Long Before Flint, Part II: No Running Water, No Transplant
LaTanya Dickson, her husband and four children live in a 24-by-24, one-room hogan on the Navajo Nation. The home is cozy for six. But there’s still someone missing.
Dickson pulls up a video on her phone of her daughter Lisa, now 18 months, playing with a nurse in Phoenix. This is the closest Dickson has been to her daughter in many days.
“We missed everything-- her first laugh, her first Christmas, her first crawl,” Dickson said.
The family tries to see her once or twice a month. But when they go, Lisa doesn’t recognize them right away.
“We would go to try to touch her hand or try to talk to her and she’ll just look at us and look at one of the nurses that are on duty and start to cry,” Dickson said.
Baby Lisa was born a year and a half ago with microvillus inclusion disease, a rare digestive disorder. She needs a small intestine transplant but the doctors explained Lisa wouldn’t survive the surgery without running water to keep her clean at all times. Her family and many families on the Navajo Nation have to haul their water from many miles away.
“For them to tell you that your daughter has to stay here, she can’t go home, because you don’t have the basic necessities to take care of her, that’s really heartbreaking to me,”
Dickson and her neighbors drive to a water station about 10 miles away to fill up their plastic barrels. Dickson’s neighbor says this water is only for crops and livestock because it’s not clean. They drive twice the distance and pay 35 cents a gallon for clean drinking water.
A long legacy of uranium mining has made clean groundwater difficult to reach on the Navajo Nation. Between 1944 and 1986, mining companies extracted nearly 4 million tons of uranium from Navajo land. The federal government purchased the ore to make atomic weapons. When the demand was gone, the companies left, abandoning more than 500 mines. The EPA only recently began to clean up the contamination.
“Many people don’t know that and many people don’t realize the debt we owe the Navajo Nation,” said EPA regional administrator Jared Blumenfeld. “A lot of people have spent years suffering really some pretty terrible conditions.”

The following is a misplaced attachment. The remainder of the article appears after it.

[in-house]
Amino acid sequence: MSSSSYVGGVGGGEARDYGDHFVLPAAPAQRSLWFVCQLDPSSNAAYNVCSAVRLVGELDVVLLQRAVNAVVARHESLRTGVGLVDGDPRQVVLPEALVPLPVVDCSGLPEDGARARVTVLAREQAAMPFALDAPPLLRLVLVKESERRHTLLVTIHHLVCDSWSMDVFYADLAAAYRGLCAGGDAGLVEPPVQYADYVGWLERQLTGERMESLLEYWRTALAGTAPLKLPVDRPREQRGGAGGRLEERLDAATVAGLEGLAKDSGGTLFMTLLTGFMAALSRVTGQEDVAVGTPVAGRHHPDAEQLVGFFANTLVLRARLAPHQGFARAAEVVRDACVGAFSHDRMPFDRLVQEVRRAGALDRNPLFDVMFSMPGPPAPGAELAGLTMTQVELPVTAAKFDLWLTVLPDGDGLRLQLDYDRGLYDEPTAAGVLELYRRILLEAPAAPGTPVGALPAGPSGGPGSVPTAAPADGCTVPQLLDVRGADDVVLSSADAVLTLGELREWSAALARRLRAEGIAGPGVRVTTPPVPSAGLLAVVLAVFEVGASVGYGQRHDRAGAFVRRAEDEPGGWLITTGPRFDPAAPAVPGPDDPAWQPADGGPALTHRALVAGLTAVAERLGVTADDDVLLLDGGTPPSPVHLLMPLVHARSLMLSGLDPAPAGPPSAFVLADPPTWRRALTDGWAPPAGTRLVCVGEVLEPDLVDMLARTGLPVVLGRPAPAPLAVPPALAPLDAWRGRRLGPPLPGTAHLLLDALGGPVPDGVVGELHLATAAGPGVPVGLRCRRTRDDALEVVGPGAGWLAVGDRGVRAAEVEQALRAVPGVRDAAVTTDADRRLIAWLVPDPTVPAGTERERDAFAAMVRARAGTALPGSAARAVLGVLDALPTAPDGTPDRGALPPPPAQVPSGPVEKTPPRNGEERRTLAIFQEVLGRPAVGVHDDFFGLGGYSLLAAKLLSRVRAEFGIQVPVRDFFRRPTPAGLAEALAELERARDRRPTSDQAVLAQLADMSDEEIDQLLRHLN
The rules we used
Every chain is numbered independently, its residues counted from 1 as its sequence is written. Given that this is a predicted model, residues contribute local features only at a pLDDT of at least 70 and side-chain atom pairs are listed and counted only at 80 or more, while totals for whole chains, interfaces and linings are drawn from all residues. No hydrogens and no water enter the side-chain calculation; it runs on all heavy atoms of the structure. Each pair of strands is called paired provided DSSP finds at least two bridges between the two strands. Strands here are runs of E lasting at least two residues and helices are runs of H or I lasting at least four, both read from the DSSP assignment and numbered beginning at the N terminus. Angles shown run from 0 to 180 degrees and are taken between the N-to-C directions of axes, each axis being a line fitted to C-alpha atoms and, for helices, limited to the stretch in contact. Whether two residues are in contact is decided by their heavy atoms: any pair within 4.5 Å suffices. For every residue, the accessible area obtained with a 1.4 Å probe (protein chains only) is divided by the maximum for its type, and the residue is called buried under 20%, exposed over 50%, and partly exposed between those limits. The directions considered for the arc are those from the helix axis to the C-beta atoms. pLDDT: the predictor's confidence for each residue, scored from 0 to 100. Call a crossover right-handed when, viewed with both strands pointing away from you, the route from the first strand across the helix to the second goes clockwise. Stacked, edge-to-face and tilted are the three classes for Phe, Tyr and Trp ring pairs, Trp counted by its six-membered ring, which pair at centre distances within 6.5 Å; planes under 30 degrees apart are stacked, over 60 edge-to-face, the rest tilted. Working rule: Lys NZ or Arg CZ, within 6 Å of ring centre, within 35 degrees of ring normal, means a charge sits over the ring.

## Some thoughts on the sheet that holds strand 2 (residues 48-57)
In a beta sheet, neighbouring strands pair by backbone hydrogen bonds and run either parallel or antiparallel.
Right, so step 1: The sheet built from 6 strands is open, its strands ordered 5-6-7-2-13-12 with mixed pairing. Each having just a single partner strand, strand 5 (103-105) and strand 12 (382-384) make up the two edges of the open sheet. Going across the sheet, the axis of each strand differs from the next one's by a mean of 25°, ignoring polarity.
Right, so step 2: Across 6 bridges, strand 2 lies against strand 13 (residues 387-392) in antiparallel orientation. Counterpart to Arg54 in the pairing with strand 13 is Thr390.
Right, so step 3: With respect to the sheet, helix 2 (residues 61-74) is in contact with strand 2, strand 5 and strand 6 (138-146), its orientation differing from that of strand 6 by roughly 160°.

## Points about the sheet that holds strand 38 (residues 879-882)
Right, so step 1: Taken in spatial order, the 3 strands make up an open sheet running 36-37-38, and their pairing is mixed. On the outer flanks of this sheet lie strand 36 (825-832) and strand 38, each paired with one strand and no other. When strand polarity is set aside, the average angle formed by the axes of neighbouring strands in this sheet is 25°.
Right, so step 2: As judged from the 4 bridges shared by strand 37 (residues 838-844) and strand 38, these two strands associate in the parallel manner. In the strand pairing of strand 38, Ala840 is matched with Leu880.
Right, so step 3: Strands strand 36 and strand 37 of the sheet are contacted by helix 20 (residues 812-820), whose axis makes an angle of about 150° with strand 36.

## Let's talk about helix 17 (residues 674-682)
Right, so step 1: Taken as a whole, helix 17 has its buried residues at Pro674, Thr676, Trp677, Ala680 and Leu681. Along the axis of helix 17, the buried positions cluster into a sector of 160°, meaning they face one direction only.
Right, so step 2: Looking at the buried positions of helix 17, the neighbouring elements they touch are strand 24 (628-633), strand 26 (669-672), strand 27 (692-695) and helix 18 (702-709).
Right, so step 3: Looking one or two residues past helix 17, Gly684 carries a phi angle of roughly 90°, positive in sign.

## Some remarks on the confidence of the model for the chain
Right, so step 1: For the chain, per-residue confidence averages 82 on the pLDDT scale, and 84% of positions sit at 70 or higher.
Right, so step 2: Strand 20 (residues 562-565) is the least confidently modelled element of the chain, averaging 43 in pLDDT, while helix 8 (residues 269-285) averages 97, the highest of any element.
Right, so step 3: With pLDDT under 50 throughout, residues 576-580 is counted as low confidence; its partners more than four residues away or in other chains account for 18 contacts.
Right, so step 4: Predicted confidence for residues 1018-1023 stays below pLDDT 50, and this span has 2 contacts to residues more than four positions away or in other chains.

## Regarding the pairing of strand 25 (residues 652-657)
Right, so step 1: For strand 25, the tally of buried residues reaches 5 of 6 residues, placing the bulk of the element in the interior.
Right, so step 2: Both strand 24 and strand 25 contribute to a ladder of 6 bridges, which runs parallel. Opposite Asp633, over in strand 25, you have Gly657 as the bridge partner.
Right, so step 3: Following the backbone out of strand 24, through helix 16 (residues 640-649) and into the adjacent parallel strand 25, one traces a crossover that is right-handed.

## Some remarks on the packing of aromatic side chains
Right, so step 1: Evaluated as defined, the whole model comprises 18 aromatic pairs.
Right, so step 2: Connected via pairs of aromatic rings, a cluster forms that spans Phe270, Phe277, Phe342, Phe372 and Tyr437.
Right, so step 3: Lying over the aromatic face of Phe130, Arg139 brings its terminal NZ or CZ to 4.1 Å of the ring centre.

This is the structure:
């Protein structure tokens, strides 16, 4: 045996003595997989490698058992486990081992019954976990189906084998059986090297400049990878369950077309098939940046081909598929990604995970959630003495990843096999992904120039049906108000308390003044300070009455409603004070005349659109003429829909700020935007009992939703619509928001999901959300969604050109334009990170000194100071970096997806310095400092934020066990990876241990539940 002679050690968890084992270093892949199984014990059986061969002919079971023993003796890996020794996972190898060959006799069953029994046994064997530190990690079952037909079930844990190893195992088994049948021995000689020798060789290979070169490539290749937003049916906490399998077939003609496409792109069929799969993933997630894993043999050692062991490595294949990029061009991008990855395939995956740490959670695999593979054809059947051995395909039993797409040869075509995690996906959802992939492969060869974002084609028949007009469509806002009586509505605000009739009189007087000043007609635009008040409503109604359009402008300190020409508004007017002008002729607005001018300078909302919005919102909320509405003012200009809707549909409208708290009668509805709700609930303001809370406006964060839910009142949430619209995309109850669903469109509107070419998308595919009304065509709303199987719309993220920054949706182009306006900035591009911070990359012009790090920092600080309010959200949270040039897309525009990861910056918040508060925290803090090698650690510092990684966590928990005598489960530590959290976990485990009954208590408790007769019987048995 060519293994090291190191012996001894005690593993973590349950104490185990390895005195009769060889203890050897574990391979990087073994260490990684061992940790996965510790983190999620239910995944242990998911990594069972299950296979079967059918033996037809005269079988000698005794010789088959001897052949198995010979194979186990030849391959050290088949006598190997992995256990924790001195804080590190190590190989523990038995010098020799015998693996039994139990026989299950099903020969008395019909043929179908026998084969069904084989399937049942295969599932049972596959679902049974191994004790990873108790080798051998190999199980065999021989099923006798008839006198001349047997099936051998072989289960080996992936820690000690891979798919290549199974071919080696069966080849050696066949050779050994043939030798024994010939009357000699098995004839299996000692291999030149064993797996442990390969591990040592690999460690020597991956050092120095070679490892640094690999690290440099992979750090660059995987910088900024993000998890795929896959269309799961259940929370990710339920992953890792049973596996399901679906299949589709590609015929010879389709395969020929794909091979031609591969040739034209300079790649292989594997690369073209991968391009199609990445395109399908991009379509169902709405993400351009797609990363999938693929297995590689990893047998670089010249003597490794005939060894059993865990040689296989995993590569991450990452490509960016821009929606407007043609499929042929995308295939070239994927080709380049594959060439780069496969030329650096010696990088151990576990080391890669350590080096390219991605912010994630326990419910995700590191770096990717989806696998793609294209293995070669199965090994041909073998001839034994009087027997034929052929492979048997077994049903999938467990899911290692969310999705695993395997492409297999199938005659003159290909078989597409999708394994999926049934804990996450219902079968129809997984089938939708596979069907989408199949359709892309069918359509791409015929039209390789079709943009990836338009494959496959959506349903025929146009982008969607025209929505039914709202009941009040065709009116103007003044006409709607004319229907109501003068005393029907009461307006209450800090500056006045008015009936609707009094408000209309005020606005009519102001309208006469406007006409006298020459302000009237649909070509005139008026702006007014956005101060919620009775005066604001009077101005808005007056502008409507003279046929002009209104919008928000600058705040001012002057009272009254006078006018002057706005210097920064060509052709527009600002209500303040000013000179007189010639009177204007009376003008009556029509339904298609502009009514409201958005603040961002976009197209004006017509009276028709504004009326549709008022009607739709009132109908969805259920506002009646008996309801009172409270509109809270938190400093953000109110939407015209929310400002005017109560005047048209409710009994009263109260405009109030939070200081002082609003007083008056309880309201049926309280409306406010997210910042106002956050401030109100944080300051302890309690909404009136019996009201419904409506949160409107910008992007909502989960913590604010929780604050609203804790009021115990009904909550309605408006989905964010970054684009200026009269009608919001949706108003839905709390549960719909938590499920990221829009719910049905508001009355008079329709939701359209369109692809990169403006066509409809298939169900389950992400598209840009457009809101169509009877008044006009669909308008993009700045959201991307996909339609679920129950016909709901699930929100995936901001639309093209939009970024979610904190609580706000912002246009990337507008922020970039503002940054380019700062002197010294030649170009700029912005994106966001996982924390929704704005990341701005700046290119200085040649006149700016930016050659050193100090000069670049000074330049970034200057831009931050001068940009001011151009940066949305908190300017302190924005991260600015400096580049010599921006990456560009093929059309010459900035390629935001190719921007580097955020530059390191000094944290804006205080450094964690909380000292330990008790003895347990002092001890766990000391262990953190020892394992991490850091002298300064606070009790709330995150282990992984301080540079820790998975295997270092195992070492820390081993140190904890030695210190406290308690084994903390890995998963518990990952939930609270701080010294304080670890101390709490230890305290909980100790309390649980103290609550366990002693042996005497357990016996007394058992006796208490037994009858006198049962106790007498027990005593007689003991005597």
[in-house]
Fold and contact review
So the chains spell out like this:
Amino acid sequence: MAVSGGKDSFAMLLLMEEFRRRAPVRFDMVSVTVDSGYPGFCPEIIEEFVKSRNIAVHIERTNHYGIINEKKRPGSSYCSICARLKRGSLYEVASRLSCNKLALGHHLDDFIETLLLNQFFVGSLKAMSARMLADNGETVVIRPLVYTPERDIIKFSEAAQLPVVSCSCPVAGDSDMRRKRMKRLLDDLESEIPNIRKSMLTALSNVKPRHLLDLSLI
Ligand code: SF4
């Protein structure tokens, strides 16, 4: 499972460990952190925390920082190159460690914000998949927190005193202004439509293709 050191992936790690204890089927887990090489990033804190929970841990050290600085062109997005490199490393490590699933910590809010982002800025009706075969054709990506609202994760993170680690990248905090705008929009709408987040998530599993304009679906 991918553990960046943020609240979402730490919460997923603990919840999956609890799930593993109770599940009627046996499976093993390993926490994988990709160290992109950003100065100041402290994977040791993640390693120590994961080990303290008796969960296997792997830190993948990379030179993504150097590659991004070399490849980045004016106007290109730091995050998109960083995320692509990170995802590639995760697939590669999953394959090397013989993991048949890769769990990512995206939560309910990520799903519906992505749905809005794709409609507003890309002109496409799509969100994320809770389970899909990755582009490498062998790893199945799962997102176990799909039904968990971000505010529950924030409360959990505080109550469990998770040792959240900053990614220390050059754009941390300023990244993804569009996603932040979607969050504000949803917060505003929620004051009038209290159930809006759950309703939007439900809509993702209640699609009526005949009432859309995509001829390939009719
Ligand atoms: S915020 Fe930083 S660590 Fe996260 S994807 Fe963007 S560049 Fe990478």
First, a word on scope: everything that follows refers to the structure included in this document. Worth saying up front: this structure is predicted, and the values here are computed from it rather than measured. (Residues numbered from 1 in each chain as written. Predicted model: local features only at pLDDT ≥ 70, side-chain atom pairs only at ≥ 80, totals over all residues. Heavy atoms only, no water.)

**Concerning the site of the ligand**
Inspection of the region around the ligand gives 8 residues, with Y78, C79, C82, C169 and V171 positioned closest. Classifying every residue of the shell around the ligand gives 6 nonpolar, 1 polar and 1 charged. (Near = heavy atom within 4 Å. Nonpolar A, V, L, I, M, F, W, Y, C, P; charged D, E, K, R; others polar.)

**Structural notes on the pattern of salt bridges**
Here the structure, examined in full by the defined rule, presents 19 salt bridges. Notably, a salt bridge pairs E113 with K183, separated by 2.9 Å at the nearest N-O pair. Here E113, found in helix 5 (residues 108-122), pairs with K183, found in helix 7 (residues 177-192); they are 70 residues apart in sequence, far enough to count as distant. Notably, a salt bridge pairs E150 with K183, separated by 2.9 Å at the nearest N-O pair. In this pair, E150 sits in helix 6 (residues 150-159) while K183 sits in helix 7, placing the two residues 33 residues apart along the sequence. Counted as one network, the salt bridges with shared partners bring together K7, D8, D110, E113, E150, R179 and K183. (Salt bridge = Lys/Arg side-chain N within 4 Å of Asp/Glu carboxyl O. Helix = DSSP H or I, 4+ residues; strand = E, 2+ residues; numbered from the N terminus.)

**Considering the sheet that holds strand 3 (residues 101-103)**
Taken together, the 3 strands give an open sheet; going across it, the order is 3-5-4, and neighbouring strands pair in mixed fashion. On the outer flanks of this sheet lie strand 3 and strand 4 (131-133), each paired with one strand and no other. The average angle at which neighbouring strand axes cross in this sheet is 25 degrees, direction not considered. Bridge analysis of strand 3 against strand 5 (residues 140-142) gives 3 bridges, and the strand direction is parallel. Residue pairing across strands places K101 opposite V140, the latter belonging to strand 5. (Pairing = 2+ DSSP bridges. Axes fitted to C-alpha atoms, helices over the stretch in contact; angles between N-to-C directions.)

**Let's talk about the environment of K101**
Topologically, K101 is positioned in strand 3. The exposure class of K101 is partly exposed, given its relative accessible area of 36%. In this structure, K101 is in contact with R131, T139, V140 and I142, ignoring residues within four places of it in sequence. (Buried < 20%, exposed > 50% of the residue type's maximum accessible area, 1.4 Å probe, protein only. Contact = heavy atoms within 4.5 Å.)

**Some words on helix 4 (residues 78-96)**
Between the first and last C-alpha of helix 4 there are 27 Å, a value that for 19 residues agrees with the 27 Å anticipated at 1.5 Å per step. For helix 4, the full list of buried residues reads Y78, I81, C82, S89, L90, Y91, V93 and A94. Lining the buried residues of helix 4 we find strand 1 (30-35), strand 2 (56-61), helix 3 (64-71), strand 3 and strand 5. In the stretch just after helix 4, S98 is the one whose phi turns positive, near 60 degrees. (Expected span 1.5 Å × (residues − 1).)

Lack of access to clean drinking water is just one example.
Dickson went to the Navajo Office of Environmental Health to find out how soon they could get clean water. Even though the medical condition is serious, officials tell Dickson it would take two to three years before they would survey the area. And another couple years before the tribe could fund and build the line.
So Dickson and her husband tried to raise money on their own by raffling off gift cards, jewelry and donated artwork. A friend brought attention to baby Lisa on an Albuquerque TV station. And that’s how the nonprofit DIGDEEP got involved.
“Baby Lisa unfortunately is not an uncommon story,” said DIGDEEP founder George McGraw.
His organization is digging wells in many impoverished areas, including the Navajo Nation, where 40-percent of the people lack access to running water.
“There are about a million children in the U.S. right now that still don’t have safe, clean running water at home,” McGraw said. “There’s a big concentration of those children in the southwest and on the Navajo Nation. If you don’t have running water and sanitation at home it’s really not only impossible to live a ‘normal’ life socially, but it’s also really difficult to just live a healthy life.”
While Lisa’s condition is genetic, Indian Health Service research shows a strong tie between lack of indoor plumbing and prenatal disease.
DIGDEEP is raising $50,000 to build the water line, and install a bathroom, kitchen sink and septic system, so LaTanya Dickson’s family can be complete, living under one roof.